Beauty is a sense of harmony. Whether it’s an image, a human face, a body, or a sunset, take the object which you call beautiful, as a unit [and ask yourself]: what parts is it made up of, what are its constituent elements, and are they all harmonious? If they are, the result is beautiful. If there are contradictions and clashes, the result is marred or positively ugly.

For instance, the simplest example would be a human face. You know what features belong in a human face. Well, if the face is lopsided, [with a] very indefinite jawline, very small eyes, beautiful mouth, and a long nose, you would have to say that’s not a beautiful face. But if all these features are harmoniously integrated, if they all fit your view of the importance of all these features on a human face, then that face is beautiful.

In this respect, a good example would be the beauty of different races of people. For instance, the black face, or an Oriental face, is built on a different standard, and therefore what would be beautiful on a white face will not be beautiful for them (or vice-versa), because there is a certain racial standard of features by which you judge which features, which face, in that classification is harmonious or distorted.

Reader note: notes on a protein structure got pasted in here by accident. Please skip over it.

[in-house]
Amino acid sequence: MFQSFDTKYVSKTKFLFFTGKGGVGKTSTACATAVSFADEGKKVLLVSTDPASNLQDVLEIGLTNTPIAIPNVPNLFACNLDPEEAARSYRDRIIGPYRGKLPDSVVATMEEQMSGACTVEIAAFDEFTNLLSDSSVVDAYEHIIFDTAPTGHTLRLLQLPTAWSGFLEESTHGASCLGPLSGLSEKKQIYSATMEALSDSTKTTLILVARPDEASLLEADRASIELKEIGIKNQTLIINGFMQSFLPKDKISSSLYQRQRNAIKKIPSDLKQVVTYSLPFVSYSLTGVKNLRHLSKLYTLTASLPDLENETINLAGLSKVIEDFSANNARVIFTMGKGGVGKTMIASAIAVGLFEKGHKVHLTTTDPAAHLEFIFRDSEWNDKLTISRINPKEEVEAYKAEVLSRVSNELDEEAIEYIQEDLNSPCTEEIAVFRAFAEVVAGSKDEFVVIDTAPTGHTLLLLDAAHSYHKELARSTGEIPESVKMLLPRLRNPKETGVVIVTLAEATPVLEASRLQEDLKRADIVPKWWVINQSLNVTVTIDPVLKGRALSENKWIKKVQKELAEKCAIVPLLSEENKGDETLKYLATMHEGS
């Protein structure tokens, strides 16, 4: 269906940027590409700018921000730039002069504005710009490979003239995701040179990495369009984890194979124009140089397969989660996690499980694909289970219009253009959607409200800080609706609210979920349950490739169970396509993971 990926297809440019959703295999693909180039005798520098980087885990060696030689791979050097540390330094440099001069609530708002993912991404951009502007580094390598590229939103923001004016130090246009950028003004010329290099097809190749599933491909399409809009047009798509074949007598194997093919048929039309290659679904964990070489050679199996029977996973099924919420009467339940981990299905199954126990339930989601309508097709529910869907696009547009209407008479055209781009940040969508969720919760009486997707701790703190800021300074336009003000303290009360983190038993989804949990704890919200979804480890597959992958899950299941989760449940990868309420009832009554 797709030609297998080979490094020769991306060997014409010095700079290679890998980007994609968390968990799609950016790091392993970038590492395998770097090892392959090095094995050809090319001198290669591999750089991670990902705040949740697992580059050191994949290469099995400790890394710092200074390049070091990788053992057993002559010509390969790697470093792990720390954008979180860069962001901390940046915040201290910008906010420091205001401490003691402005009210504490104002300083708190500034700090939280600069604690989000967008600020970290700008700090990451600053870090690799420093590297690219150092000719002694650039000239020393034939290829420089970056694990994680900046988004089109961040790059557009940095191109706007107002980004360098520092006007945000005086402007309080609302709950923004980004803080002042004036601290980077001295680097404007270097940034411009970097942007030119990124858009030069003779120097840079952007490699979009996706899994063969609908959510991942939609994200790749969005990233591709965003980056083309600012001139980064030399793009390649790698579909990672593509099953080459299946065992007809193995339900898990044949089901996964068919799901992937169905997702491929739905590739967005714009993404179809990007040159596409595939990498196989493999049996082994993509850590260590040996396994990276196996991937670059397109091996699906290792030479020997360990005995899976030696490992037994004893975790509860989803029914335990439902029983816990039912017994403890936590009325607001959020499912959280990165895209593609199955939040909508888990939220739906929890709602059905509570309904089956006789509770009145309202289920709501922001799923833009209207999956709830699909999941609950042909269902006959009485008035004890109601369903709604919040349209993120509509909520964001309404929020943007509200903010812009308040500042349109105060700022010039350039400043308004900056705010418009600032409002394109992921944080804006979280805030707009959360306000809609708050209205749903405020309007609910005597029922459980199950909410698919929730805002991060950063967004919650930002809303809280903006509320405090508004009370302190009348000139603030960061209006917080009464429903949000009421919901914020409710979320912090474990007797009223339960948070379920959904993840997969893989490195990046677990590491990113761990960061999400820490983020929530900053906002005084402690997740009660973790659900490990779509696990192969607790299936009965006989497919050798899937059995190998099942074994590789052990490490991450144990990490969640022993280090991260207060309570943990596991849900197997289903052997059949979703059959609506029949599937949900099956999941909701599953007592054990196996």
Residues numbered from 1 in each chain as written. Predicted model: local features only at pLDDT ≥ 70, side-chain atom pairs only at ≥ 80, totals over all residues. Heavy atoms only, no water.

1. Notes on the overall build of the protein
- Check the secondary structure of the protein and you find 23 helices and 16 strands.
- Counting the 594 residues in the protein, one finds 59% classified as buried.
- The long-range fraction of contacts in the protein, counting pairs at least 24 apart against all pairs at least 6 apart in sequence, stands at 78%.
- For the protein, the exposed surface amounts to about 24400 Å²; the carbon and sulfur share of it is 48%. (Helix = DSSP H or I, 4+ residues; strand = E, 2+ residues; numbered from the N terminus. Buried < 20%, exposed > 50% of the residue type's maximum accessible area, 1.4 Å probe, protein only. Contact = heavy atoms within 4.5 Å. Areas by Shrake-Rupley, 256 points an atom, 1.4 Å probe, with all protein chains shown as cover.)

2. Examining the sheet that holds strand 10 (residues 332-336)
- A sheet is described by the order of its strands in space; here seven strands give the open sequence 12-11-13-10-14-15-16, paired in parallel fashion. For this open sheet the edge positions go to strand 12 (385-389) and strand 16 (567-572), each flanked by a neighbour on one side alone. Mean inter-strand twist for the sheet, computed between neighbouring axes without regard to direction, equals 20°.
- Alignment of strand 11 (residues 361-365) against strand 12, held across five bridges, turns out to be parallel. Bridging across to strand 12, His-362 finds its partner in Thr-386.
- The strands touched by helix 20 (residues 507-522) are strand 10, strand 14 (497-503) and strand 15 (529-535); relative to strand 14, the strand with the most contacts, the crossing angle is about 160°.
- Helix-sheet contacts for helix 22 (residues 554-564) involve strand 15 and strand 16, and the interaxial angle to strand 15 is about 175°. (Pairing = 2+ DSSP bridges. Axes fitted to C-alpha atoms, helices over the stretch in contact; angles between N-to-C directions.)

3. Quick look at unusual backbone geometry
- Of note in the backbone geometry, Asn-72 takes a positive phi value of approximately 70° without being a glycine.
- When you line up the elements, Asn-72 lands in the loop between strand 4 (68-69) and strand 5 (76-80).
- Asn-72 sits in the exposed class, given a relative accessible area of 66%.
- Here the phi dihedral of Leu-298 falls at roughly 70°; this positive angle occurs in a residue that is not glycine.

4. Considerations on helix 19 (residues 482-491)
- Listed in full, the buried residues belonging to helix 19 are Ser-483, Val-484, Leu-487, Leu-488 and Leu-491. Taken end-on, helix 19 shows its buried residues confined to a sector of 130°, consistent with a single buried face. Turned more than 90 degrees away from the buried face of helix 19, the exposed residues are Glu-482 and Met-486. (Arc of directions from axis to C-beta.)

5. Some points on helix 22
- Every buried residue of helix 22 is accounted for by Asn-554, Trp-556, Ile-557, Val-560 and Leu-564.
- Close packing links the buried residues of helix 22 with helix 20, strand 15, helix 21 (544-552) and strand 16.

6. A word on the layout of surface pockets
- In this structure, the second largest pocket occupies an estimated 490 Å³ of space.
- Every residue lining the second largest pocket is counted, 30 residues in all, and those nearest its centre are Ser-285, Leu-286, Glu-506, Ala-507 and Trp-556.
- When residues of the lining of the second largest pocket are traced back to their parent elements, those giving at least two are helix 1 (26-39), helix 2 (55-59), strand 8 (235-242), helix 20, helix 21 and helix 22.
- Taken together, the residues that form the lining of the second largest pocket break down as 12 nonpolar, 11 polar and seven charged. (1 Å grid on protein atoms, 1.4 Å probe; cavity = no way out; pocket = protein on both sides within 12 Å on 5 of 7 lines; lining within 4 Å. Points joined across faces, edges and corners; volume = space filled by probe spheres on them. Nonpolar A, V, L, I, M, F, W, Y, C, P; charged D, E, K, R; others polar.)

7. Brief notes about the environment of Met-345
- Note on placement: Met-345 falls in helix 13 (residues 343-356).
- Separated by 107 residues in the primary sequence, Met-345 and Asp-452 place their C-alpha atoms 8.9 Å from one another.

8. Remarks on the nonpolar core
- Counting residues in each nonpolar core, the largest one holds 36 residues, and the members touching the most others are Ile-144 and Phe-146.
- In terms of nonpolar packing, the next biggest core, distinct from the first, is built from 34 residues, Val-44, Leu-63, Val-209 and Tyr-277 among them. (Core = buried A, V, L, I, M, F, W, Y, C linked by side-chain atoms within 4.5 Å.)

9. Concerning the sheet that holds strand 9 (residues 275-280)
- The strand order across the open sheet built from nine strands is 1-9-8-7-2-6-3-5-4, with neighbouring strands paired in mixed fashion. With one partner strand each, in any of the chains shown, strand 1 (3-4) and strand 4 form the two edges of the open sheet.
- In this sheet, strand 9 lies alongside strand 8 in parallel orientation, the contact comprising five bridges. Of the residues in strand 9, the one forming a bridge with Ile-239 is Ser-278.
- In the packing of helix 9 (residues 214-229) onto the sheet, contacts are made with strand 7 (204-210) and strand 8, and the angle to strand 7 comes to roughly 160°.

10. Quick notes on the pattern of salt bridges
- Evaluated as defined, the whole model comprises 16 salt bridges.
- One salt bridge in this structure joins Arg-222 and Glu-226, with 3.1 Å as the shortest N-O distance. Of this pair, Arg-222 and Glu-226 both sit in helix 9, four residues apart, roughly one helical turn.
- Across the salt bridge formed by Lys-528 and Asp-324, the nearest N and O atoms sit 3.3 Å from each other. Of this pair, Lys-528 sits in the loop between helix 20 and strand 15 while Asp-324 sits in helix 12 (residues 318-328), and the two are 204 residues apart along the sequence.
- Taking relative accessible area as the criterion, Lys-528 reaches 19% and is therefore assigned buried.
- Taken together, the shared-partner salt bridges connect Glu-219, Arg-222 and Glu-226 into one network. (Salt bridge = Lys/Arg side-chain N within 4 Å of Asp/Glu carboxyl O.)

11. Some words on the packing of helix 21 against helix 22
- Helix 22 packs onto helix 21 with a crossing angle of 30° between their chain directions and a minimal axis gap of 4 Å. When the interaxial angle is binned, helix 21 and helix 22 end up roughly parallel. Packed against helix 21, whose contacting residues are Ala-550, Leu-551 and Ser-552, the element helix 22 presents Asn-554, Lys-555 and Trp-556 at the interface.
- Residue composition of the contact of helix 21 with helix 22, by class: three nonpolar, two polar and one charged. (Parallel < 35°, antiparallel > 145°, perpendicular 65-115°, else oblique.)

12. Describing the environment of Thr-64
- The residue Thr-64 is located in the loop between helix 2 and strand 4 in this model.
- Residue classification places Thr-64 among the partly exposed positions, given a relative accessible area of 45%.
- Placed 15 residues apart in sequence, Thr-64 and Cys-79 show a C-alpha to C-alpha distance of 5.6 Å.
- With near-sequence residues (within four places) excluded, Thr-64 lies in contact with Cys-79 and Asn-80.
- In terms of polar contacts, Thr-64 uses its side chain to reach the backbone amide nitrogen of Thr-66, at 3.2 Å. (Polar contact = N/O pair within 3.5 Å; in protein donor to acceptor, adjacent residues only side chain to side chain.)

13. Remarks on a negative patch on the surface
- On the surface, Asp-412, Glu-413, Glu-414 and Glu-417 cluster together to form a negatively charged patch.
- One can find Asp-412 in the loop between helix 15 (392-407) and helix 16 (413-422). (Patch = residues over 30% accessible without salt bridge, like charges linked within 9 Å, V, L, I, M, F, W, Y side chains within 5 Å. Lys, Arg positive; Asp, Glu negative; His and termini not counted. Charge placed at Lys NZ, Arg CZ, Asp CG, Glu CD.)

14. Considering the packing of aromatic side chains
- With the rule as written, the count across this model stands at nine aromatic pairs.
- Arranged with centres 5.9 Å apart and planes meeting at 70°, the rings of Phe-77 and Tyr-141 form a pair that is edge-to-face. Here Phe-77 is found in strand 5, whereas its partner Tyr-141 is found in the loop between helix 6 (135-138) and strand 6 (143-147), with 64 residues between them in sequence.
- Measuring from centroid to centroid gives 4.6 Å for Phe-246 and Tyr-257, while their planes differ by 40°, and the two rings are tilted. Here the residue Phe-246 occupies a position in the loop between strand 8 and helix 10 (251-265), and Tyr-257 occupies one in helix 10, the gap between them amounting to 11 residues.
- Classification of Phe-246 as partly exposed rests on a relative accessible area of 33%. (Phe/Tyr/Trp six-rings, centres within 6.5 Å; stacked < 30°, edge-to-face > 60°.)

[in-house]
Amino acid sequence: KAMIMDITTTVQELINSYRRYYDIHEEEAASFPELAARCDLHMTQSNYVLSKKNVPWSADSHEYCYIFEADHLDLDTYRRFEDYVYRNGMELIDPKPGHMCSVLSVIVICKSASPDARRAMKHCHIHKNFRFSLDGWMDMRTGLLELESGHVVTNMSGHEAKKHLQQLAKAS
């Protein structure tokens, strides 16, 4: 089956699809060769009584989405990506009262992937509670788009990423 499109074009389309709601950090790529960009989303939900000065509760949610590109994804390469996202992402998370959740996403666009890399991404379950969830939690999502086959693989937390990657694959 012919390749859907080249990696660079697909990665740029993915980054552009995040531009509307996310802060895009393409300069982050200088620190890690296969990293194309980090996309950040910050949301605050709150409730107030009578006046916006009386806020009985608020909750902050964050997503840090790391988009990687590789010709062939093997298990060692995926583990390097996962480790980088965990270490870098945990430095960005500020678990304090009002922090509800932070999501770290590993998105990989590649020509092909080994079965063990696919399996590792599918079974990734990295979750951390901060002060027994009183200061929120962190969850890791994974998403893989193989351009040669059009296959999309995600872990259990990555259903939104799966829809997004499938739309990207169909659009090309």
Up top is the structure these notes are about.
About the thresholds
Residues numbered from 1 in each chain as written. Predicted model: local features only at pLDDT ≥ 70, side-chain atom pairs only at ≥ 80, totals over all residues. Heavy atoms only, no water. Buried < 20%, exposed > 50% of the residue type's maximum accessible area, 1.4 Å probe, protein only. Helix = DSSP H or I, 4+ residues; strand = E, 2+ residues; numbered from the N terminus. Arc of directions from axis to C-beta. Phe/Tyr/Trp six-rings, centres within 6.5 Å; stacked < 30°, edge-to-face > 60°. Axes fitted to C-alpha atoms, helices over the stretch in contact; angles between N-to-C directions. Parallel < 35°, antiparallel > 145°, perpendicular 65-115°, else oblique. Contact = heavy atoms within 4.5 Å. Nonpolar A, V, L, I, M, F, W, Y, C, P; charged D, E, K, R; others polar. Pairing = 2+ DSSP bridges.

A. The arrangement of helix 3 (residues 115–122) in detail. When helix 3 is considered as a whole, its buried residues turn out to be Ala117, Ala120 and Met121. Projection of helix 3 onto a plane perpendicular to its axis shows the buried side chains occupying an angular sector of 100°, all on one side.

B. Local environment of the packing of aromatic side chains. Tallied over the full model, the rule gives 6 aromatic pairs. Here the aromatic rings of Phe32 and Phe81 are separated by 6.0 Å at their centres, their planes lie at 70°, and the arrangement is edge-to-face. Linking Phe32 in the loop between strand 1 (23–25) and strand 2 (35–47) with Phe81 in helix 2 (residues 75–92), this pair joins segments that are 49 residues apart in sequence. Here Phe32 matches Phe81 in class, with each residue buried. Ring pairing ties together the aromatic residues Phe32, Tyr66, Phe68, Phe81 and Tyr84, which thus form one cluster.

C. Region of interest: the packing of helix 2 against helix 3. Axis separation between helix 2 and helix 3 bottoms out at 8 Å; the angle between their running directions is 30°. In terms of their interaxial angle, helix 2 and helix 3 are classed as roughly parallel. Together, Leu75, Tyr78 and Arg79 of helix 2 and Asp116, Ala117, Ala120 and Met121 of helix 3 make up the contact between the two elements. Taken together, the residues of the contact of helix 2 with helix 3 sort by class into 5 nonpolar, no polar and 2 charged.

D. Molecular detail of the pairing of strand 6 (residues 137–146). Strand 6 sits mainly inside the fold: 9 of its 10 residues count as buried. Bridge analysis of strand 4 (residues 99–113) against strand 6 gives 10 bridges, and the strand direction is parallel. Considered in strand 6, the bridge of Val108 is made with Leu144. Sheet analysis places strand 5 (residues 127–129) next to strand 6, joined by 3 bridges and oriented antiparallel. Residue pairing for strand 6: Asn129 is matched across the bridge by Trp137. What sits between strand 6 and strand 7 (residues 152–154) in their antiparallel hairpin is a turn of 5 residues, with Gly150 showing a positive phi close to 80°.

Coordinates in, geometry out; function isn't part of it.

That’s in regard to human beauty. In regard to a sunset, for instance, or a landscape, you will regard it as beautiful if all the colors complement each other, or go well together, or are dramatic together. And you will call it ugly if it is a bad rainy afternoon, and the sky isn’t exactly pink nor exactly gray, but sort of “modern.”

Now since this is an objective definition of beauty, there of course can be universal standards of beauty — provided you define the terms of what objects you are going to classify as beautiful and what you take as the ideal harmonious relationship of the elements of that particular object. To say, “It’s in the eyes of the beholder” — that, of course, would be pure subjectivism, if taken literally. It isn’t [a matter of] what you, for unknown reasons, decide to regard as beautiful. It is true, of course, that if there were no valuers, then nothing could be valued as beautiful or ugly, because values are created by the observing consciousness — but they are created by a standard based on reality. So here the issue is: values, including beauty, have to be judged as objective, not subjective or intrinsic.

Ayn Rand, question period following the lecture
The Philosophy of Objectivism lecture series, Lecture 11
All rights reserved including the right of reproduction in whole or in part in any form. Used by arrangement with Plume, an imprint of Penguin Publishing Group, a division of Penguin Random House LLC.